CHOP was lead enrolling site in clinical trial that led to approval of Harmony™ Transcatheter Pulmonary Valve (TPV), which allows for pulmonary valve replacement via a minimally invasive catheter-based procedure.
The Food and Drug Administration (FDA) has approved the Harmony™ Transcatheter Pulmonary Valve (TPV) to treat patients with congenital heart disease who have chronic pulmonary valve regurgitation. The device consists of a self-expanding metal frame combined with valve leaflets that can be implanted inside a patient’s heart using a catheter-based delivery system during a cardiac catheterization.
Patients with congenital heart disease (CHD), which affects an estimated 40,000 infants each year and is the most common birth defect in the United States, often face numerous open-heart surgeries over their lifetime to correct issues related to their dysfunctional pulmonary valve. However, open heart surgery poses risks to the patient, and the procedure requires months of recovery.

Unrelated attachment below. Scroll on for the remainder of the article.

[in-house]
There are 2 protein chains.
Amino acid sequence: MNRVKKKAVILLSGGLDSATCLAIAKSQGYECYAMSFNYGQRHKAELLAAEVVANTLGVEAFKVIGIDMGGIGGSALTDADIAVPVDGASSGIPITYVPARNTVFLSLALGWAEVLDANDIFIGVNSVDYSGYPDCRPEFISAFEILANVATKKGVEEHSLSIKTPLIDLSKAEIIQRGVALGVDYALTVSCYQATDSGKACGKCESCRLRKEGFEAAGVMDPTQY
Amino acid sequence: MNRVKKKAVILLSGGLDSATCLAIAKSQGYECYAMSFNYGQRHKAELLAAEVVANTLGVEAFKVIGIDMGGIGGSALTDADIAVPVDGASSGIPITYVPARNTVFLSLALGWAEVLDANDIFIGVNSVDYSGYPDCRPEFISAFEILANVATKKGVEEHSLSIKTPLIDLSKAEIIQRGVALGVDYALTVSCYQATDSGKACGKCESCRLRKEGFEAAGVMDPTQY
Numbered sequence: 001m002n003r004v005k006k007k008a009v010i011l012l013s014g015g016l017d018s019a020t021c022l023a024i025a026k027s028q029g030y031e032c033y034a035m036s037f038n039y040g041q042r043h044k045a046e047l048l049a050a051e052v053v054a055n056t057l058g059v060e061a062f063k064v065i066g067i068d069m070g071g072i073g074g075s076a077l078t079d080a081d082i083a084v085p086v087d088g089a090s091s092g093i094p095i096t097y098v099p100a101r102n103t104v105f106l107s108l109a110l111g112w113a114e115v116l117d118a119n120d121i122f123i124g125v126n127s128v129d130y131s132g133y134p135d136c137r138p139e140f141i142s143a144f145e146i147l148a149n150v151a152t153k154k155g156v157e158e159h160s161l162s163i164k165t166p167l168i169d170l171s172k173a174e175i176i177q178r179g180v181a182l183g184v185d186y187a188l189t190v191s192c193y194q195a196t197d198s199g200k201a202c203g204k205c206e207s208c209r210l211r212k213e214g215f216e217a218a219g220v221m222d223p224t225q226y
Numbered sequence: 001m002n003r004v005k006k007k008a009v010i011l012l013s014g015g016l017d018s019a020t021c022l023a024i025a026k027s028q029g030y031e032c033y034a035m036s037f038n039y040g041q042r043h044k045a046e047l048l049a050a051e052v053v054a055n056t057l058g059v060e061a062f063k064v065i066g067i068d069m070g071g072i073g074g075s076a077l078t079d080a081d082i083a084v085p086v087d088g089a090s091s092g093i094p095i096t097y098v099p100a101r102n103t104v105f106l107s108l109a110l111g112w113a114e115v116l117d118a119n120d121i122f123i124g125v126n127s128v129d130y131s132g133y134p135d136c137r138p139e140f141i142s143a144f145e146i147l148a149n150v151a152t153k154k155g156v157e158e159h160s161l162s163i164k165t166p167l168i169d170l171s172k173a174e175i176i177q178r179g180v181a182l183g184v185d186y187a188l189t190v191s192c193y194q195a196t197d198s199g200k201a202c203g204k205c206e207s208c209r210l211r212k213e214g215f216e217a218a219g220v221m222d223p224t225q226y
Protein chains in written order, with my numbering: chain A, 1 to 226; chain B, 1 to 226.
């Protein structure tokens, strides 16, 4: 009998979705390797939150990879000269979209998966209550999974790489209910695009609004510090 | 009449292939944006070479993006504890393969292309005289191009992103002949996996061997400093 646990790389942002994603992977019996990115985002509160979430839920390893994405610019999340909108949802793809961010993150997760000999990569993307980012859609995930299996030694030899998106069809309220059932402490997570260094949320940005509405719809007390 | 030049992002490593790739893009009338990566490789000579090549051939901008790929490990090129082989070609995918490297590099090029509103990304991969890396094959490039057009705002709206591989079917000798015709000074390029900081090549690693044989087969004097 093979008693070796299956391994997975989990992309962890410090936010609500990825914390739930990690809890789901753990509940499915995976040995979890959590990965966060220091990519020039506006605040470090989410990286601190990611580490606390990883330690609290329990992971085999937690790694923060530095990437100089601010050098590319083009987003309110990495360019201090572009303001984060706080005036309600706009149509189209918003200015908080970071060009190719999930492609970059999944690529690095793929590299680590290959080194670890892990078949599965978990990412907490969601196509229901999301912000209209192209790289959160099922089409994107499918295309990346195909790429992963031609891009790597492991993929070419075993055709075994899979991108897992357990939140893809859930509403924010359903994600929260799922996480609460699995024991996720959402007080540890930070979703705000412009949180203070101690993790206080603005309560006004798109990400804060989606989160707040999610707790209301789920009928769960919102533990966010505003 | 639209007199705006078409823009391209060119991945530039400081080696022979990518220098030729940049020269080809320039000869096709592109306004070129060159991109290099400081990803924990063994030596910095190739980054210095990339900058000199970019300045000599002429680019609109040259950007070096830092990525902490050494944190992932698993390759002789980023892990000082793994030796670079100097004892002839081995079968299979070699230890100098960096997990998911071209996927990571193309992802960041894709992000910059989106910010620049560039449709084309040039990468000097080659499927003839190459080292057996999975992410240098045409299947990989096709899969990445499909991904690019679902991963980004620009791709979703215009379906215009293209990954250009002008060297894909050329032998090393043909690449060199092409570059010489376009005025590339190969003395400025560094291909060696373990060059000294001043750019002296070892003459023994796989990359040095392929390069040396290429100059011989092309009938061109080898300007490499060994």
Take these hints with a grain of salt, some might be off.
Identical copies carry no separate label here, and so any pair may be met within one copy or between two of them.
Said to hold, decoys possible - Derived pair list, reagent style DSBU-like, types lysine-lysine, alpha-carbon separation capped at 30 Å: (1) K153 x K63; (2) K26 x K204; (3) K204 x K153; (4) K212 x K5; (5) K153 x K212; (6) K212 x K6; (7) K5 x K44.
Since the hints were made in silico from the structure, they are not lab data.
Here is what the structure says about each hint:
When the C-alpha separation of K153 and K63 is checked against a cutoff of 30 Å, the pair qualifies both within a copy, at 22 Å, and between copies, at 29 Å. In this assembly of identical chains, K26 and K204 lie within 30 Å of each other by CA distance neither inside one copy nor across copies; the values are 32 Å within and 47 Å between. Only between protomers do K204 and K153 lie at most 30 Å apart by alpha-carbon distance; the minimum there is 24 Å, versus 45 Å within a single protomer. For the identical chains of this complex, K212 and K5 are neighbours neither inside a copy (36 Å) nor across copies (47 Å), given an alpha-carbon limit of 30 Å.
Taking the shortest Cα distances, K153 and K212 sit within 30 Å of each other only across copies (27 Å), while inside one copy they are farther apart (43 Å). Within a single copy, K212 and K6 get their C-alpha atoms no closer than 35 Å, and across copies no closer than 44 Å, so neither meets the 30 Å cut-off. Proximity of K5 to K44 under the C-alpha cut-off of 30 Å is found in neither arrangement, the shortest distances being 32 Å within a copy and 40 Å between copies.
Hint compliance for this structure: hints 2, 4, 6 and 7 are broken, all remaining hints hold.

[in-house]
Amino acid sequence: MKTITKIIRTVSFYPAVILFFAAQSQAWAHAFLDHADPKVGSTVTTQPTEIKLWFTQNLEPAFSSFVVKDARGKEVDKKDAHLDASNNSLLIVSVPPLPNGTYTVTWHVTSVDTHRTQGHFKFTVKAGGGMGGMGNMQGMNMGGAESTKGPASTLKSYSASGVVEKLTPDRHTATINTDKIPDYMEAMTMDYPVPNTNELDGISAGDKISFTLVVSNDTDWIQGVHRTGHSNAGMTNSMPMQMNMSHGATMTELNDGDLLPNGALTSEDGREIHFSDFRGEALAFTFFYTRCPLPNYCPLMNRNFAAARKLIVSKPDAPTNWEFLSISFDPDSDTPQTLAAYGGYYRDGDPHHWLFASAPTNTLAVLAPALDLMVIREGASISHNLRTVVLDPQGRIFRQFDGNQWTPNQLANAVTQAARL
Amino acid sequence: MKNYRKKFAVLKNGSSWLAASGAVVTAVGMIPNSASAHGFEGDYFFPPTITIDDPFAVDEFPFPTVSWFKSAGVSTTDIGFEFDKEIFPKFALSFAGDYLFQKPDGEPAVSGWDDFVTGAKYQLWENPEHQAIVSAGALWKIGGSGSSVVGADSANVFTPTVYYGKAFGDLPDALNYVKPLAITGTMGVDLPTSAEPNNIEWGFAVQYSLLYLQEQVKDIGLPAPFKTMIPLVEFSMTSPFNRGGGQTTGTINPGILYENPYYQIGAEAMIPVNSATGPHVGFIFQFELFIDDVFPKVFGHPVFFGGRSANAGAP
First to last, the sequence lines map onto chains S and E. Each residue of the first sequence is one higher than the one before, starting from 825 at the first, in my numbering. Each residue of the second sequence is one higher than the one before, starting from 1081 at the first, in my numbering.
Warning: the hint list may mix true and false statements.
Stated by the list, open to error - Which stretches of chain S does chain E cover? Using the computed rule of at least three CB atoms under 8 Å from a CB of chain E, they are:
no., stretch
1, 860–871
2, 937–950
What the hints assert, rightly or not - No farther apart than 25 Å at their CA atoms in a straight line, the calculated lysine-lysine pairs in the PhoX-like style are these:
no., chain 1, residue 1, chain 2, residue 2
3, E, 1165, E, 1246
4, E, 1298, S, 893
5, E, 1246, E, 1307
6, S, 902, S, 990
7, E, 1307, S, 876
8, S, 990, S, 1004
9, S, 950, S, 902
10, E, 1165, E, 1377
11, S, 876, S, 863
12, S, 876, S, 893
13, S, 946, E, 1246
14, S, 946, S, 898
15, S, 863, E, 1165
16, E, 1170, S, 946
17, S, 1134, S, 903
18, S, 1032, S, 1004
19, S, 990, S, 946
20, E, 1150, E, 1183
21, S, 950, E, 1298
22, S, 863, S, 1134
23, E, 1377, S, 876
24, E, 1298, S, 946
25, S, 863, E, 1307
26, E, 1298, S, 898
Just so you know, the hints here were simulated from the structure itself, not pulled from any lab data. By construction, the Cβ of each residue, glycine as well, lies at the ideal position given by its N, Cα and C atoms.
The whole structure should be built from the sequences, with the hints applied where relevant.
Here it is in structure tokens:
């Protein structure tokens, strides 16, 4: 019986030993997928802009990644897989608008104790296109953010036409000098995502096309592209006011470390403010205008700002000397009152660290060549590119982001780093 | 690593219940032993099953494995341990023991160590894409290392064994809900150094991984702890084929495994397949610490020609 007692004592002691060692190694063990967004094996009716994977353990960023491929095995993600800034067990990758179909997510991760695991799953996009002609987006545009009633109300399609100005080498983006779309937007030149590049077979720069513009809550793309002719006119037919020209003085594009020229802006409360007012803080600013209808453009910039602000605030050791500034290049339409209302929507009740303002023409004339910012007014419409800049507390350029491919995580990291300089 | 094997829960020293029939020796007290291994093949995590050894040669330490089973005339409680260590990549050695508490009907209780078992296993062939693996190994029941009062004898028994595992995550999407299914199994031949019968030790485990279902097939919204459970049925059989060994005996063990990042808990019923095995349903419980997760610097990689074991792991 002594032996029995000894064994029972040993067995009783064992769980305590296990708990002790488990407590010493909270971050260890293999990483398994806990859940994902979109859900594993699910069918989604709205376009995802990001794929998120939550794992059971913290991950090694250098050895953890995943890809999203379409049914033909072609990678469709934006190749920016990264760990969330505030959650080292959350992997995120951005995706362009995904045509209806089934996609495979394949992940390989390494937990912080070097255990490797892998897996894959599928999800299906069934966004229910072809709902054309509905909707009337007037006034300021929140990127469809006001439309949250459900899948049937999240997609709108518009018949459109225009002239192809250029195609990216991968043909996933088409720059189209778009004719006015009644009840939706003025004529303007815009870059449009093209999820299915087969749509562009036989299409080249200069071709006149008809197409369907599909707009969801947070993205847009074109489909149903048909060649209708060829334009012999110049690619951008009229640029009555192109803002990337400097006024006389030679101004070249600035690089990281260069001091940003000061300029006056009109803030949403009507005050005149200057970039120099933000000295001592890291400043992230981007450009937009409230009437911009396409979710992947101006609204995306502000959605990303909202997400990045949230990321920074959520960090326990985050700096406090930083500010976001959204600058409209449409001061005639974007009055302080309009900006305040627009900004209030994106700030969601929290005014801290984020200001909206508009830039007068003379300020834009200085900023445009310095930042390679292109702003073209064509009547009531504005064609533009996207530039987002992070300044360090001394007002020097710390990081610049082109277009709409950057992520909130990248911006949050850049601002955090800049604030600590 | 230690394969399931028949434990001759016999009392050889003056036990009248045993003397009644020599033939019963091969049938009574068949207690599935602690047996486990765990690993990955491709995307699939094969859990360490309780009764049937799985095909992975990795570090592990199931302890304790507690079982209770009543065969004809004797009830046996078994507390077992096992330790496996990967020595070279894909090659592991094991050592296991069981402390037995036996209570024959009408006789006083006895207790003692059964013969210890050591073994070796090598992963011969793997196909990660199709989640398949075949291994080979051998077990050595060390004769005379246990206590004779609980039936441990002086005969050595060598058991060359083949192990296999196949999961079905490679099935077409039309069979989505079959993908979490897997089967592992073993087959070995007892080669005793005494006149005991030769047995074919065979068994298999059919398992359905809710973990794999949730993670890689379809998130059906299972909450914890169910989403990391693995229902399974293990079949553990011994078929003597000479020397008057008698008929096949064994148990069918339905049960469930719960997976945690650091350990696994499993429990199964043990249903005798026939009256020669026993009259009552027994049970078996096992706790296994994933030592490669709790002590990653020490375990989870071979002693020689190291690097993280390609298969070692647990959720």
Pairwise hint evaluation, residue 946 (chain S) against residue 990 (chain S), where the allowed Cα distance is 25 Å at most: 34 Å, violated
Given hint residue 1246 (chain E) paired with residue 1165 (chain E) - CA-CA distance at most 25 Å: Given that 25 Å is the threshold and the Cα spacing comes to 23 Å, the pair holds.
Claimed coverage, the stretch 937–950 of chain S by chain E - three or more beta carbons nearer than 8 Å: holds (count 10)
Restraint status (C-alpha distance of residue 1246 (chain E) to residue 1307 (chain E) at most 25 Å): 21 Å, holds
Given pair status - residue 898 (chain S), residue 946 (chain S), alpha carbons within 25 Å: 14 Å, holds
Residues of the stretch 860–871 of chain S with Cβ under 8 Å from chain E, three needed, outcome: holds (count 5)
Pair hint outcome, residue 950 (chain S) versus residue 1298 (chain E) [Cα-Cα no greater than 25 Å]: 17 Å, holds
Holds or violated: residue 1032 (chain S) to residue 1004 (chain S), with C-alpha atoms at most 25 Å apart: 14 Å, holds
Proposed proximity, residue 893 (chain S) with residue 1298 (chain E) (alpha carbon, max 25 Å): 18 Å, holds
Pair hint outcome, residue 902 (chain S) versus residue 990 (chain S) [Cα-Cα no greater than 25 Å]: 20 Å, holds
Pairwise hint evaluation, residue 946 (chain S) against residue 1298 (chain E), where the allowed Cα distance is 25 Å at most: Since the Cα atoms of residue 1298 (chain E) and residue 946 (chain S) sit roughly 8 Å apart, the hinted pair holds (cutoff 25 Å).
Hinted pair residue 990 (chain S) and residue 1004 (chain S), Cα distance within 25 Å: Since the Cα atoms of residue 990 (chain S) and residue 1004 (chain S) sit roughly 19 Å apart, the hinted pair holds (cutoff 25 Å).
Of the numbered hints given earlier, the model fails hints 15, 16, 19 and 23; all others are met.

Using a transcatheter allows for a less invasive approach, whereby a transcatheter procedure is used to replace the pulmonary valve. The procedure requires less anesthesia, reduces the risk of infection, and leads to a faster recovery. Transcatheter therapies were typically only performed in adults, but this new device has adapted the procedure for use in children.
“The approval of this device will allow us to provide a non-surgical option to patients with CHD, reducing or eliminating the need for multiple open heart surgeries over the course of a patient’s lifetime,” said Matthew J. Gillespie, MD, interventional cardiologist in the Cardiac Center, director of the Cardiac Catheterization Laboratory at CHOP and co-director of the Pediatric Heart Valve Center. “Researchers in the Cardiac Center at CHOP are committed to bringing our expertise to the development of cutting-edge treatments, which will improve the lives of our patients and their families.”